Common Health Insurance Terminology (GHI)
Role description of the primary care physician in HMOs who serves to control utilization and referral of enrollees.
A drug which is exactly the same as a brand name drug and which is allowed to be produced after the brand name drug's patent has expired. It is also called a "generic equivalent."
Specified time (usually 31 days) following the premium due date during which insurance remains in force and a policyholder may pay the premium without penalty.
A procedure which allows a member of a health plan or a provider of benefits to express complaints and seek remedies.
Coverage of a number of individuals under one contract. The most common "group" is employees of the same employer.
The document provided to each member of a group plan. It shows the benefits provided under the group contract issued to the employer or other insured.
Group Model HMO
A health plan where a group of physicians is reimbursed for services they provide at a negotiated rate. The HMO also contracts with hospitals for the care of the patients of the physicians who belong to the group.
Contract under which an insured has the right, commonly up to a certain age, to continue the policy by the timely payment of premiums. Under renewable contracts, the insurer reserves the right to change premium rates by policy class.
An underwriting term used to describe the fact that a group insurance contract was issued without reference to any medical underwriting. All group participants are covered regardless of health history.
Home Health Agency
A certified facility approved by a health plan to provide services under contract.
Home Health Care
Care received at home as part-time skilled nursing care, speech therapy, physical or occupational therapy, part-time services of home health aides or help from homemakers or choreworkers.
Health Care Financing Administration (HCFA)
Part of the Department of Health and Human Services, responsible for administration of the Medicare and Medicaid programs. The HCFA establishes standards for medical providers which must be complied with if the provider is to meet certification requirements.
A form used by underwriters to assist in evaluating groups or individuals to determine whether they are acceptable risks.
This refers to any kind of plan that covers health care services such as HMOs, insured plans, preferred provider organizations, etc.
Health Insurance (HI)
Insurance against loss by sickness or bodily injury. The generic form for those forms of insurance that provide lump sum or periodic payments in the event of loss occasioned by bodily injury, sickness or disease, and medical expense. The term Health Insurance is now used to replace such terms as Accident Insurance, Sickness Insurance, Medical Expense Insurance, Accidental Death Insurance, and Dismemberment Insurance. The form is sometimes called Accident and Health, Accident and Sickness, Accident, or Disability Income Insurance.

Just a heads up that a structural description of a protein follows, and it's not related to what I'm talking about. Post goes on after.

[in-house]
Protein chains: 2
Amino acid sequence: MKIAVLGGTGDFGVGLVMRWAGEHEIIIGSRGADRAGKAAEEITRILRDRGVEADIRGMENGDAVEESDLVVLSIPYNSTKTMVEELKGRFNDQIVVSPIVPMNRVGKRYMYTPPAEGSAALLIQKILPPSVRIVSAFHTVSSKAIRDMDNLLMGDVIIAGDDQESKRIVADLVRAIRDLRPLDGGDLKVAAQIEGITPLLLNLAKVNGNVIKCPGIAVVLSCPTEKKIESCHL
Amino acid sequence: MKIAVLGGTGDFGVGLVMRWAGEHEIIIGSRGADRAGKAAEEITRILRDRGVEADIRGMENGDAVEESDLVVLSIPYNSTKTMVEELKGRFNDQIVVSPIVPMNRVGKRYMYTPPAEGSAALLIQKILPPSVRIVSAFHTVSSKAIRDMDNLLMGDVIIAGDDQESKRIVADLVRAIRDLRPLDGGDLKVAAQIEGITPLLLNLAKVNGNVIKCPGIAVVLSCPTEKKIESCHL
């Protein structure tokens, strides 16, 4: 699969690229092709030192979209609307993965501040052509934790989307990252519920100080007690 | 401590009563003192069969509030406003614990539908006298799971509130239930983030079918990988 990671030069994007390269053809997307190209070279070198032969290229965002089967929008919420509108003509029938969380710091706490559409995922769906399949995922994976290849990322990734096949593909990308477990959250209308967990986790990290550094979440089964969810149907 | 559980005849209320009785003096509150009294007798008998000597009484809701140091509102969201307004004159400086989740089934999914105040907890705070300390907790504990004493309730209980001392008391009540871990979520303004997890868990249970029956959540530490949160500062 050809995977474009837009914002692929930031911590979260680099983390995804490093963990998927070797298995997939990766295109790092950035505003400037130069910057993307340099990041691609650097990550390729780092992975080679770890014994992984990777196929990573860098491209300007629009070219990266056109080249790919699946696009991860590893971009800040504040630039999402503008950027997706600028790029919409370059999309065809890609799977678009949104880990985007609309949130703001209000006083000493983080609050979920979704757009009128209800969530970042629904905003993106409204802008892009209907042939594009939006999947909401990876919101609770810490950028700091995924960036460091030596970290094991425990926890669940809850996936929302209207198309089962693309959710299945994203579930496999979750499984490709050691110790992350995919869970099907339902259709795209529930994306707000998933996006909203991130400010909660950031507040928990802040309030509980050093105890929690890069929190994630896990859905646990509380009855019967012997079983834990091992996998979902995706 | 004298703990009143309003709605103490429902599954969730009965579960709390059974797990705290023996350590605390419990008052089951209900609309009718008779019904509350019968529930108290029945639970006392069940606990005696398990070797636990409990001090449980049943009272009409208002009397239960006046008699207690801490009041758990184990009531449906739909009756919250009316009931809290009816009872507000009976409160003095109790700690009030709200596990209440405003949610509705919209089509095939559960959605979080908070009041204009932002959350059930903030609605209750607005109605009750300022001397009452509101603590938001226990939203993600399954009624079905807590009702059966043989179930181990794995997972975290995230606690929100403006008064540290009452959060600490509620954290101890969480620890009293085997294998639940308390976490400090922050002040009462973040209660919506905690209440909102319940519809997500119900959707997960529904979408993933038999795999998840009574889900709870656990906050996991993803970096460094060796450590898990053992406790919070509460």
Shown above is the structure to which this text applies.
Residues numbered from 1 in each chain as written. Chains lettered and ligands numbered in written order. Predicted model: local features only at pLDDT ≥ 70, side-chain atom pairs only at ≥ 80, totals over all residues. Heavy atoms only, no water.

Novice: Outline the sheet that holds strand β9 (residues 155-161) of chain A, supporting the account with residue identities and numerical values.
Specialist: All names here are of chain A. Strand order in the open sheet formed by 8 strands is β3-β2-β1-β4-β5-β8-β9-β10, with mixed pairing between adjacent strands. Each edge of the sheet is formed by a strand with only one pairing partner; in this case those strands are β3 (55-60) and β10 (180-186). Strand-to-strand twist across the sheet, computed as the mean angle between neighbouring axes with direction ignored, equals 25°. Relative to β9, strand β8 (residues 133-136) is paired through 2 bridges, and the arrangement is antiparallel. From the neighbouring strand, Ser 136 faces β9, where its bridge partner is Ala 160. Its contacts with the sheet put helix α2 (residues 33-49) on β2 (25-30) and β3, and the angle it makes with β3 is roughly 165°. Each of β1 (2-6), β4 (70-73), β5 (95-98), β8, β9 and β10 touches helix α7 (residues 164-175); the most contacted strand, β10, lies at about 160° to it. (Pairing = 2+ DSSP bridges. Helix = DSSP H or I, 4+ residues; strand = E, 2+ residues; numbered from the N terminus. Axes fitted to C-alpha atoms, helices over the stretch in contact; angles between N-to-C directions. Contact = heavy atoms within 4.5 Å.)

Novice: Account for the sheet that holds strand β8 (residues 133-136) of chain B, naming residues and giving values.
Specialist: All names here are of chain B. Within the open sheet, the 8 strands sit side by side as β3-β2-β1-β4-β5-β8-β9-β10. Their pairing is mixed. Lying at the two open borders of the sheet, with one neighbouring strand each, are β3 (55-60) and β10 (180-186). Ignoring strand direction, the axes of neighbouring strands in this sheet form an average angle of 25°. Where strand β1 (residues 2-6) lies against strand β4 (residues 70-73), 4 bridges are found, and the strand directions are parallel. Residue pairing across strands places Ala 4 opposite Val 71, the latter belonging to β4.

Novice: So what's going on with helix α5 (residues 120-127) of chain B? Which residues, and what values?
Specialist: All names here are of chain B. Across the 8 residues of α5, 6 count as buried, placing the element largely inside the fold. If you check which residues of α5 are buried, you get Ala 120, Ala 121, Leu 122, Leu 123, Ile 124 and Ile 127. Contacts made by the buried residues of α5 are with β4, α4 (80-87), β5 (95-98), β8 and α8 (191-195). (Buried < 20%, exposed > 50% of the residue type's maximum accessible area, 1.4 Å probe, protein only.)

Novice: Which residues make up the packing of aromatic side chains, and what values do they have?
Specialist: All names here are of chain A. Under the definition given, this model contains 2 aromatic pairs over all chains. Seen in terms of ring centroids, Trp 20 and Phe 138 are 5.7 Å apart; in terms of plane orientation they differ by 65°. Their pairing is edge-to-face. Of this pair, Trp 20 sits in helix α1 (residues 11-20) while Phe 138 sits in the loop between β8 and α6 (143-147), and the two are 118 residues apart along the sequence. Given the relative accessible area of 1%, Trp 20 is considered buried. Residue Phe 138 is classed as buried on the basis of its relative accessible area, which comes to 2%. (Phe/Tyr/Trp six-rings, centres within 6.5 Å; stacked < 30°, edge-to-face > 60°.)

Association of America (HIAA)
An association supported by Life and Health insurers to provide the research, public relations, education, and legislative base for the promotion of voluntary private Health Insurance.
The public relations arm of the Health Insurance Association of America. It provides for a flow of information from Health insurers to the public and from the public to the insurers.
Portability and Accountability Act (HIPAA)
A federal law passed in 1996 that provided numerous protections for persons who were losing their insurance coverage due to changes in employment status. HIPAA provided for accessibility to coverage for a person who moved from one employer sponsored plan to another employer sponsored plan, by providing for guaranteed acceptance and waiver of pre-existing condition exclusions based upon the time covered under the prior employer plan.
HIPAA also addressed the issue of accessibility to coverage for a person who chose to leave an employer sponsored plan and obtain coverage in the individual market. If such person meets the qualifications under HIPAA as a Federally Eligible Individual ("FEI") he or she is entitled to coverage on a guaranteed issue basis in the individual market with a complete waiver of pre-existing condition exclusions. This coverage must be provided by an insurance company that is currently marketing insurance products in the individual market unless the state where the FEI resides has elected to provide coverage to FEI's under an alternative mechanism. The most prevalent alternative mechanism is a state risk pool.